MD: Is there anything we could do to change that?

STAFF 2: I don’t know, I’ve been trying everything I know and nothing seems to be working.

MD: I agree you’ve never worked in a recession before. Do you think the reason why what we’re doing isn’t working is because the market has changed?

STAFF 2: I’m sure that’s the reason.

MD: In that case do you think we should adapt our working methodology to reflect the new market?

STAFF 1: The only way any company can evolve is by having the ability to adapt.

MD: I agree. How about we do some group retraining?

When we want to influence someone’s focus of communication into a new direction, it is easier if we link into their current train of thought and then use this understanding to guide them into a new direction.

Remember: rapport first; then pace, pace and pace again; then lead – and then add a little more pacing, just for good measure.

Rookie Buster

Remember: rapport first; then pace, pace and pace again; then lead – and then add a little more pacing, just for good measure.

Coach’s notes

There are many different ways of building rapport. Practise these:

1. Make a list of all the different ways you could choose to establish rapport with someone in the following situations:

In a one-to-one meeting.

Over the phone.

Over the internet.

At a party.

Whilst delivering a presentation.

2. Once you have created your list, actively practise using them as often as possible.

Which methods do you find are the most effective for you?

Go for it! A smile can say a thousand words and it doesn’t cost anything. A smile is very similar to a yawn – it is very influential and very hard not to reciprocate. It is also one of the most popular anchors for creating happy states in others, because when you smile you release endorphins (the happy hormone) into the blood stream. Smiling can instil confidence, create relaxation and defuse many a situation, and better still, it doesn’t cost you anything.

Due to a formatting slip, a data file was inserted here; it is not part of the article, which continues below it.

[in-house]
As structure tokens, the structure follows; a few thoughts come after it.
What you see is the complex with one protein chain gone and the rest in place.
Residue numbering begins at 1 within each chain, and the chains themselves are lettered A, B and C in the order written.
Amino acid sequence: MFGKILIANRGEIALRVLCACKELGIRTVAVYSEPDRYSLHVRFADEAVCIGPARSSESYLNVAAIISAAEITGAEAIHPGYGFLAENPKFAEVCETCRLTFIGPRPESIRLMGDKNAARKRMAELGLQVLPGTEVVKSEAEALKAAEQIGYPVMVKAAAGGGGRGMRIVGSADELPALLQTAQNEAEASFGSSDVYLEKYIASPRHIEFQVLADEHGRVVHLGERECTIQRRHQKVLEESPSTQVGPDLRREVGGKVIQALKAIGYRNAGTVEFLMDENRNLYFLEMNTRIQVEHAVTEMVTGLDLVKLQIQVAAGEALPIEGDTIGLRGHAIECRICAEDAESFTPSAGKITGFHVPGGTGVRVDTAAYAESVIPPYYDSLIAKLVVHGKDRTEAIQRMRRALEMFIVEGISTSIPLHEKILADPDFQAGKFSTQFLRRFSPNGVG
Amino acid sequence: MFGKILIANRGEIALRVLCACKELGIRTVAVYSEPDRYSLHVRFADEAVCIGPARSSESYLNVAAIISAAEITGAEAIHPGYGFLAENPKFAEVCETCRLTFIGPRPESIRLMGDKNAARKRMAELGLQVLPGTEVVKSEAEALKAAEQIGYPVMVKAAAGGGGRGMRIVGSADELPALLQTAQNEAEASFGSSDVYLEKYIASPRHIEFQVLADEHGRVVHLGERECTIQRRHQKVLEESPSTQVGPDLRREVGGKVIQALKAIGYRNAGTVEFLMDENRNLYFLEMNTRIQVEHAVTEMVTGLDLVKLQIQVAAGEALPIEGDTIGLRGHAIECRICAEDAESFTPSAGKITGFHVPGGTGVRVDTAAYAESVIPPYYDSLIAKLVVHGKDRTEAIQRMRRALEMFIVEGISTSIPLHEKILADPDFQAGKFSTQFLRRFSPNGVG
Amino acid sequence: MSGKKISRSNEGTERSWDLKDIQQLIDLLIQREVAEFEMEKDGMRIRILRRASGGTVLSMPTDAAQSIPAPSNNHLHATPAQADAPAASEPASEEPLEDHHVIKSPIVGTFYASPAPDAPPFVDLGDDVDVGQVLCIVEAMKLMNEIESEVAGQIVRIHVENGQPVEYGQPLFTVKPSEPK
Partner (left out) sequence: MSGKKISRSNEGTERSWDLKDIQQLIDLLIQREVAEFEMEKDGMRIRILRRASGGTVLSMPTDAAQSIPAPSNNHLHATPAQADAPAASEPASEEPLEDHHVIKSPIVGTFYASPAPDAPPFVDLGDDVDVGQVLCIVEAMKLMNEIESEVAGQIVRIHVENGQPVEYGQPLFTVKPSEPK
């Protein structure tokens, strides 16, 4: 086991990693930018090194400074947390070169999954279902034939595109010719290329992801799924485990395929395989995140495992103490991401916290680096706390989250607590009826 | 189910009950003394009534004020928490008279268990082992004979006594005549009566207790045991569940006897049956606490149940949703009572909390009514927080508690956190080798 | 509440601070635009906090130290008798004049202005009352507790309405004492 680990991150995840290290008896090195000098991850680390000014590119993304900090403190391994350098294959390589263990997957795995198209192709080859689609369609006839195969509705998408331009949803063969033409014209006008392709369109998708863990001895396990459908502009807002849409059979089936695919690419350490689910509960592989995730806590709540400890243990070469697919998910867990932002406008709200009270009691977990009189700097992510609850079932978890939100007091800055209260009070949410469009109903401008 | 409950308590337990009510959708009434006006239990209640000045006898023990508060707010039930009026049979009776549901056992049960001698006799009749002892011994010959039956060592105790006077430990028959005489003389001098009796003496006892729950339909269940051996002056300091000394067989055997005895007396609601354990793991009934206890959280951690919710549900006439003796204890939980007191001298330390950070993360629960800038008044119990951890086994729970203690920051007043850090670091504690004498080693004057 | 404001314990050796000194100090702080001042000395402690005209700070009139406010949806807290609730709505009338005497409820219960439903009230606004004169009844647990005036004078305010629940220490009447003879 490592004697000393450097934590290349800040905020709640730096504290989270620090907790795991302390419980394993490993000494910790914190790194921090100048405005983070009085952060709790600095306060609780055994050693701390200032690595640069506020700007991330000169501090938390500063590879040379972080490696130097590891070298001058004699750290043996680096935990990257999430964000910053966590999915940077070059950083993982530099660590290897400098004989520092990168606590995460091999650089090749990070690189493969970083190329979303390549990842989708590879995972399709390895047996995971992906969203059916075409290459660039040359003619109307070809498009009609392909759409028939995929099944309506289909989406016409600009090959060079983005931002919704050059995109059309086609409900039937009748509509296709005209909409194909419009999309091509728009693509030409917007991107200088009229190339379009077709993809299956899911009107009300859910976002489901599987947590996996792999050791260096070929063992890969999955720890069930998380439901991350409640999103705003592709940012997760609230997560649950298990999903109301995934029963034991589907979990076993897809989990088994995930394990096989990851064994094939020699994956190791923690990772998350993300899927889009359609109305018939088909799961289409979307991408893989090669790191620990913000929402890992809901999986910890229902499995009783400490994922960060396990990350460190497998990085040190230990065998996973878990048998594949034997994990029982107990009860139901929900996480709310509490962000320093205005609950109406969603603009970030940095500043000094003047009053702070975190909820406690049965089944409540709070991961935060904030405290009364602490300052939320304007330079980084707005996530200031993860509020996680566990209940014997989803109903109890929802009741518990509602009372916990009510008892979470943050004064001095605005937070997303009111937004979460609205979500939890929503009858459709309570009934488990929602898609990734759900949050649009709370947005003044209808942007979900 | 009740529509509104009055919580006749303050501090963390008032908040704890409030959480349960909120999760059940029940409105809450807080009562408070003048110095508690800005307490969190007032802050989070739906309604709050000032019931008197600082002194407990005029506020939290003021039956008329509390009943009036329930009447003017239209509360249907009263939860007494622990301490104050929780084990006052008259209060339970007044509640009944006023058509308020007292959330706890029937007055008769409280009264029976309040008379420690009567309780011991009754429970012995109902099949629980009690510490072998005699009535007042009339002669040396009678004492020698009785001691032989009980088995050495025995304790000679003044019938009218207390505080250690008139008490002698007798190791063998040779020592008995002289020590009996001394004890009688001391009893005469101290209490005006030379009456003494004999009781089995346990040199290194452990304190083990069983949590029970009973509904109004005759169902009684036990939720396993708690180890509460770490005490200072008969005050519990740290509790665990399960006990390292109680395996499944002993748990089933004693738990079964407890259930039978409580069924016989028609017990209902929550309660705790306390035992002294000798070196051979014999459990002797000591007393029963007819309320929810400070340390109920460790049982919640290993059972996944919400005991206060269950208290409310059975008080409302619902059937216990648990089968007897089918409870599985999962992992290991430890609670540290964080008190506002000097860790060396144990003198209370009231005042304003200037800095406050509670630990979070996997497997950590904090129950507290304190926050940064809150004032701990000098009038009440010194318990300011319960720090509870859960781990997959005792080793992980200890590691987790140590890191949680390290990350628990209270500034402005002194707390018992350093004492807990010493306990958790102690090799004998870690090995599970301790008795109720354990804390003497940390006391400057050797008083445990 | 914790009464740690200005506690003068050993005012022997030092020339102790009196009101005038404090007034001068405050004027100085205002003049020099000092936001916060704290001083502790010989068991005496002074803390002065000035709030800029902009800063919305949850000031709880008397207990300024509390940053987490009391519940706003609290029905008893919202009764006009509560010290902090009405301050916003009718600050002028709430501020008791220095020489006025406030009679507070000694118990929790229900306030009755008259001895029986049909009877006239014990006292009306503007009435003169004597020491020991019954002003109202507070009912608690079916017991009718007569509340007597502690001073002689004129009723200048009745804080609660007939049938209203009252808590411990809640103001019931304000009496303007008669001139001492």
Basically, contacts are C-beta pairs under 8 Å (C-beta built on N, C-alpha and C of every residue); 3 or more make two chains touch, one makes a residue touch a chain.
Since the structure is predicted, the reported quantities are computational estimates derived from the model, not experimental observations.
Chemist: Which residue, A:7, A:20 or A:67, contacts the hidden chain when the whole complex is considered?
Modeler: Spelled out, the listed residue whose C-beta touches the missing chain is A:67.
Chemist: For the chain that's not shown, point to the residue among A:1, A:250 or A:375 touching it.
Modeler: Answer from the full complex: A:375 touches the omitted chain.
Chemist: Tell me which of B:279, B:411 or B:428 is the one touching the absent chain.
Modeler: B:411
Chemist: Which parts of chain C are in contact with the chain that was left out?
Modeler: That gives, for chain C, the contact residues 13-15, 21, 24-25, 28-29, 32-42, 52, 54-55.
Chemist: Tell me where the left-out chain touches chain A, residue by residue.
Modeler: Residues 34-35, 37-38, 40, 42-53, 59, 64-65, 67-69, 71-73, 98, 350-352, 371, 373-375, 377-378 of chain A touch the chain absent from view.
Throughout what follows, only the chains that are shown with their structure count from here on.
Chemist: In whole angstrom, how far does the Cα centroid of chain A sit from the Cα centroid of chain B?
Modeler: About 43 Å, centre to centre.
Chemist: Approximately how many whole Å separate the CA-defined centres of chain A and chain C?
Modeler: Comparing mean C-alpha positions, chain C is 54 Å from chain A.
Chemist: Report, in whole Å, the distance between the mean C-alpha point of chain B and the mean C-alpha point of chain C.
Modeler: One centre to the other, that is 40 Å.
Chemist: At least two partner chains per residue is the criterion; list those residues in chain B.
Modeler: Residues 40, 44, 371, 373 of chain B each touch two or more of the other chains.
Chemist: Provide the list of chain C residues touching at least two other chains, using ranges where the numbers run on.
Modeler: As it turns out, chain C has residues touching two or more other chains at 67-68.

Notes

 

 

 

 

 

 

 

 

 

 

 

 

 

 

 

 

 

 

 

 

 

 

 

 

 

 

 

 

 

 

 

 

 

 

Beliefs can have wonderfully creative or a terribly destructive effect upon our lives. They are the stuff of dreams and success, of nightmares and wars. In this chapter we will truly tap into the motivational elements of NLP and gain insight into our own belief structure, its limitations and its infinite potential. You will learn how your value system operates, and why we make the decisions we do. Uncover what is truly important to you and how to access it more effectively and quickly. This chapter will explain how and why our beliefs play a major part in our success and our failures, and will give you the exercises necessary to begin changing this.